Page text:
China / Regions

Shanxi Silk Road relics visit Beijing

By Fang Sha ( Updated: 2014-12-19 16:38

Beijing's National Museum of China played host recently to a national relics exhibition, "The Silk Road", which was in the spotlight even before it opened, with 490 items on display, seven of them priceless items from the city of Datong, Shanxi province, made of silver, bronze and in the form of glass cups, bowls and plates, dating back to the Northern Wei Dynasty (386-557).

These items were gifts from foreign countries to the Chinese emperor. Other items at the exhibition come from cultural centers or museums in 16 provinces. Datong, whose name was Pingcheng when it was the capital of the Northern Wei, is an important starting point on the famous Silk Road, the oldest international trade route for the Chinese, linking them to Central and Western Asia, and ultimately some European and African countries.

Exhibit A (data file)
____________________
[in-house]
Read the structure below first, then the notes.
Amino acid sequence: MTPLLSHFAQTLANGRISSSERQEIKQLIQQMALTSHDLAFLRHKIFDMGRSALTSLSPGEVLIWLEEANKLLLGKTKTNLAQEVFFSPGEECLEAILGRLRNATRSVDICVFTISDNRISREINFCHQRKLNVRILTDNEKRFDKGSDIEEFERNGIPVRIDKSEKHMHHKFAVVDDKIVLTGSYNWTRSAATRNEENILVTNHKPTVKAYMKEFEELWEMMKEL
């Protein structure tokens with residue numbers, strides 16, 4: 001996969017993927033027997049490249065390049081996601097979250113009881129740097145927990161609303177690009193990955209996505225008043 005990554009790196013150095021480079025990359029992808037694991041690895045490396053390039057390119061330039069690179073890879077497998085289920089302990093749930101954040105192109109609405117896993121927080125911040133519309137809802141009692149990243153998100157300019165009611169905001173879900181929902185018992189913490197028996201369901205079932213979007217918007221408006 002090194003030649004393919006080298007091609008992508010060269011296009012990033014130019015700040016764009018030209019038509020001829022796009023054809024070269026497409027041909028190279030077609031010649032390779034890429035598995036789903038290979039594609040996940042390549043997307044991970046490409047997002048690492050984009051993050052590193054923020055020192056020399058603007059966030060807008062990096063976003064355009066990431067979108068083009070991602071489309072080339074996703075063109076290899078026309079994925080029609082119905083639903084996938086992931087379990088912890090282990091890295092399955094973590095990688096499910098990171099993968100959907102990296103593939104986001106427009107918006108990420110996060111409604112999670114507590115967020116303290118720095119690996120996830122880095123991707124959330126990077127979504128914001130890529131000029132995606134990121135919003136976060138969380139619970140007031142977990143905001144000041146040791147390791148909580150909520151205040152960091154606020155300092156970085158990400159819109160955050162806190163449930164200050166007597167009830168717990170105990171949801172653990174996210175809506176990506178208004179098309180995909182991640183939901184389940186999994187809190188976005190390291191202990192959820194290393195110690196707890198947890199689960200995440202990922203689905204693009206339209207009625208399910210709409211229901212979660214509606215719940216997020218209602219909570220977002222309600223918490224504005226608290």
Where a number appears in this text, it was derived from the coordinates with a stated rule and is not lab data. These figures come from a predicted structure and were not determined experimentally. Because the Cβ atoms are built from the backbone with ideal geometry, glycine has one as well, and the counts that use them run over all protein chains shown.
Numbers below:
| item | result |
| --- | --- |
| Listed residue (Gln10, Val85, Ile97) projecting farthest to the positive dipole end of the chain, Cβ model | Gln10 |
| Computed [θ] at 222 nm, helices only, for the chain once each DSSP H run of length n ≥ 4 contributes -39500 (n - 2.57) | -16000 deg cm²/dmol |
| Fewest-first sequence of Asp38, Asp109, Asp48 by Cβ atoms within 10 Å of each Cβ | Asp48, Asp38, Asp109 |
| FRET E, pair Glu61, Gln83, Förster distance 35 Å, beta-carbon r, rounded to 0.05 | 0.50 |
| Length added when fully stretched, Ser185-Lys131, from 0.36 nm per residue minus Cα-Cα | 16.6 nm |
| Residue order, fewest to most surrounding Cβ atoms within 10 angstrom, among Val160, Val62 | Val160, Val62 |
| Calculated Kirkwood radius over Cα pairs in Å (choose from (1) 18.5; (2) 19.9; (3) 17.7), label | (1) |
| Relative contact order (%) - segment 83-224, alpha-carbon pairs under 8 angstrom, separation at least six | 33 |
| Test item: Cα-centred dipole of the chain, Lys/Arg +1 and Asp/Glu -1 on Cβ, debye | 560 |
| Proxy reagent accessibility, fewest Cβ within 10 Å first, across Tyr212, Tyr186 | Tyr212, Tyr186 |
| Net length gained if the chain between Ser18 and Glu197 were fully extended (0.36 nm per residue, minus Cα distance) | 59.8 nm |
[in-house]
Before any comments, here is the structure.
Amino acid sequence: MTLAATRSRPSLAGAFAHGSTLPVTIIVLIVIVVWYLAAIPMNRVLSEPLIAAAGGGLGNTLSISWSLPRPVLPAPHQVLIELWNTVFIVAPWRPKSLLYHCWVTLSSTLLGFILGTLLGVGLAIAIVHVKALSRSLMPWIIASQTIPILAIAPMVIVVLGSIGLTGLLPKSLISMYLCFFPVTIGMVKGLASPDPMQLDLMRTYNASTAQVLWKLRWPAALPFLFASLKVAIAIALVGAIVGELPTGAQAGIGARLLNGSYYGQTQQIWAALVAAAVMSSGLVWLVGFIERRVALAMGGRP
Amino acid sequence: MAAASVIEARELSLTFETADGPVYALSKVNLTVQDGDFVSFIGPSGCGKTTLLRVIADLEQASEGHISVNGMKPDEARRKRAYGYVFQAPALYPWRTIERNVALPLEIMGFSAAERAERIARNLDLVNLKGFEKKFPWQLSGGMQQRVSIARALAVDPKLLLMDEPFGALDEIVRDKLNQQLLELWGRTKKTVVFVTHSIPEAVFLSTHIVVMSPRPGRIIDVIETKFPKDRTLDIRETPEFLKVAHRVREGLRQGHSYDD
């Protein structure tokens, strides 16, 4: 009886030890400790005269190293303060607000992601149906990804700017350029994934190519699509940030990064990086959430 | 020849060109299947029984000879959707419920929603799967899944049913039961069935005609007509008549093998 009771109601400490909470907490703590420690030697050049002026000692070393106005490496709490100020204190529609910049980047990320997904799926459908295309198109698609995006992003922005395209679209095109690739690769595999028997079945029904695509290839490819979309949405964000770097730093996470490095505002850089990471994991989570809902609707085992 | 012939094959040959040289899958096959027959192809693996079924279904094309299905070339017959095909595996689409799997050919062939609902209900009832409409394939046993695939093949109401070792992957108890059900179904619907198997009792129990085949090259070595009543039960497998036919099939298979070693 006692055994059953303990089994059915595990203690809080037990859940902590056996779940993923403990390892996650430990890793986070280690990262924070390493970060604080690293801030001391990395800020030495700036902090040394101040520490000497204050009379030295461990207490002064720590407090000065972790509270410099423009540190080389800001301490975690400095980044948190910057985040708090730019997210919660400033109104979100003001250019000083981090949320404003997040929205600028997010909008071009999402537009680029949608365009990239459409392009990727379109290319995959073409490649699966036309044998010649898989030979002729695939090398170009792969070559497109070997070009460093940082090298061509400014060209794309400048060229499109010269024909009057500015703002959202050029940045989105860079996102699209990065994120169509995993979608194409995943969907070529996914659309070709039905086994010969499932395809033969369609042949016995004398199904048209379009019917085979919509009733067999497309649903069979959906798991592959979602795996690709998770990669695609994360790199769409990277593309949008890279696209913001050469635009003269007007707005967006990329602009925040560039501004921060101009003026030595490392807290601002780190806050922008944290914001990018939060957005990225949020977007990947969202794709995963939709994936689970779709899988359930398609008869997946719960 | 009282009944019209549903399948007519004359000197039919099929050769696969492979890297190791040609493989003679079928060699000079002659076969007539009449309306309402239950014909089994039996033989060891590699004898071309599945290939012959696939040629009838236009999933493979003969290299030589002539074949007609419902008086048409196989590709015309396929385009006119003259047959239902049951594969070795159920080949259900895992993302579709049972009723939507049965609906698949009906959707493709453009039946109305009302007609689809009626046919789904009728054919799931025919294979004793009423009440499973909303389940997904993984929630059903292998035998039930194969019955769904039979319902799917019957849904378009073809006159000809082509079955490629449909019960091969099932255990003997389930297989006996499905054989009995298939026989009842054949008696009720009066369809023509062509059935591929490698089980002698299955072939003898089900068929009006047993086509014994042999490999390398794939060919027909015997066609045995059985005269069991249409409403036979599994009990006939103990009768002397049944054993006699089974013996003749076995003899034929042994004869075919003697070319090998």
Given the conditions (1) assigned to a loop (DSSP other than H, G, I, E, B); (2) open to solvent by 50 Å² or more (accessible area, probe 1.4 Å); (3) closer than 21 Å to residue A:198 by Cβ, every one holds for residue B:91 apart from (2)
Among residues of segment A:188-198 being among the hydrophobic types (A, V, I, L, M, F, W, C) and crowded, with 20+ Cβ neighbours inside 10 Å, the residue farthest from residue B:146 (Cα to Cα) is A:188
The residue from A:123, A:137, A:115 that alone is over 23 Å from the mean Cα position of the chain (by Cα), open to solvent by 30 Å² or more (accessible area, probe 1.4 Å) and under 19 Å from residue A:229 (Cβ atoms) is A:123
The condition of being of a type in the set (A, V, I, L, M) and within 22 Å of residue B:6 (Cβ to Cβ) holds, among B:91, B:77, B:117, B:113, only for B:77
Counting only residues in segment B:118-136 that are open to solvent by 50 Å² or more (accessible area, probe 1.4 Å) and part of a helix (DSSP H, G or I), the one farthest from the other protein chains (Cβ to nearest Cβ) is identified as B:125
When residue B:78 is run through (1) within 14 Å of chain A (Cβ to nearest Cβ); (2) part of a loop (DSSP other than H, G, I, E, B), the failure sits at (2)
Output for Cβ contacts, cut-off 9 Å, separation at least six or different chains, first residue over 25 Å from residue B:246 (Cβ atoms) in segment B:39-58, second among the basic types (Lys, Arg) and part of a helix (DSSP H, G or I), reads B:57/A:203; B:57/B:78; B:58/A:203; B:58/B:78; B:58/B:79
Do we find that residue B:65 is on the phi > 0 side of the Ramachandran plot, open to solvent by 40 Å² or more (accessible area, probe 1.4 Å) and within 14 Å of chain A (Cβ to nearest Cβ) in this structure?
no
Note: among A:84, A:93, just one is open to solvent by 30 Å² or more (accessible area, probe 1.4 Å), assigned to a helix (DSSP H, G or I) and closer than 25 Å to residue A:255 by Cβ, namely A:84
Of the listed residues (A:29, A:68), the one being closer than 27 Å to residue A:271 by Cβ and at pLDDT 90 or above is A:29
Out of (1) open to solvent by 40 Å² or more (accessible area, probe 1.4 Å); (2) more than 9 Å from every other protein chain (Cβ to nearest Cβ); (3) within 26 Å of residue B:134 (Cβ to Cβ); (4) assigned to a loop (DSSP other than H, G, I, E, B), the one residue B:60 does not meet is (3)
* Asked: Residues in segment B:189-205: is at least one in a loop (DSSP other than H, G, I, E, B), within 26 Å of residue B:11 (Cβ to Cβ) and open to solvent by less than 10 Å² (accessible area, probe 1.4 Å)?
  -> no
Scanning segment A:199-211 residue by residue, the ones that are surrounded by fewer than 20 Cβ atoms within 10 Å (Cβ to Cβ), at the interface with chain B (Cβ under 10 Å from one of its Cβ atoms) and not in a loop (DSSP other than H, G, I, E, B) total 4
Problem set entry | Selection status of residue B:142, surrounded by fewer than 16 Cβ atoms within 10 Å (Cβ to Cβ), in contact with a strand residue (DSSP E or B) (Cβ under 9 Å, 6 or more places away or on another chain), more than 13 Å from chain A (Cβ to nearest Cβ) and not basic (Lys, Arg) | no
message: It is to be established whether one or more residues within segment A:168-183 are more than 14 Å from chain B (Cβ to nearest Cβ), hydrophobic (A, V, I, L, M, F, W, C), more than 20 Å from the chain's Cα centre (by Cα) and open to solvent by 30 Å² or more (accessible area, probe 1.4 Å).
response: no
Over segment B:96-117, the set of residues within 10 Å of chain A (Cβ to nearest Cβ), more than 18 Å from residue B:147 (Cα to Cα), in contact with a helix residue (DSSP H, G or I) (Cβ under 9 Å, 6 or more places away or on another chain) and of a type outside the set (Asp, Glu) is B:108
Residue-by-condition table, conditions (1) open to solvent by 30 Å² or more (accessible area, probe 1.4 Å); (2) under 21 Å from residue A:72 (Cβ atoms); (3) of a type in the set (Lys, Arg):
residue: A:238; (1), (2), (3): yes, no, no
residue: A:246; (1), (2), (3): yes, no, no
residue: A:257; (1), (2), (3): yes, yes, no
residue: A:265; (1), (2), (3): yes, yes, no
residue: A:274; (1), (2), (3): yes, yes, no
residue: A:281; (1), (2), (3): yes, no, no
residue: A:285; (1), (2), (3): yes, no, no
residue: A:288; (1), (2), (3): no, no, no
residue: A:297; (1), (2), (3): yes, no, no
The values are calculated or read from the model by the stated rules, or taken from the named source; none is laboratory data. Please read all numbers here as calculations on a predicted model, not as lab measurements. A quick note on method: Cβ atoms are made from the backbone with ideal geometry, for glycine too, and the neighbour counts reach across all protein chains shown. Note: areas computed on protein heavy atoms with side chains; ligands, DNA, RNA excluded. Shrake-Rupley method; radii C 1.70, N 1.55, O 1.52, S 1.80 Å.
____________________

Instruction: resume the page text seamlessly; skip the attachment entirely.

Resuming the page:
The city began its role in international trade as far back as the Han Dynasty (206 BC-AD 220), and made a great contribution to Chinese politics, culture, and the economy, especially when it was the capital of the Northern Wei, as a capital of culture and trade. Envoys and business groups from different countries came to visit the city, and left a rich collection of relics, with many types of glassware, and silver and bronze ware still in good condition.

The objects on exhibit in Beijing are just a tiny part of Datong's full collection. But, what makes the city really proud, are the thousands of stone sculptures in the nearby Yungang Grottoes, whose postures, costumes and shapes are clues to western and eastern exchanges.

Sponsors of the exhibition are the Culture Ministry, State Cultural Heritage Administration, and the governments of Shaanxi, Gansu, Qinghai, and Henan provinces, and Ningxia, Xinjiang autonomous regions.

Edited by Roger Bradshaw

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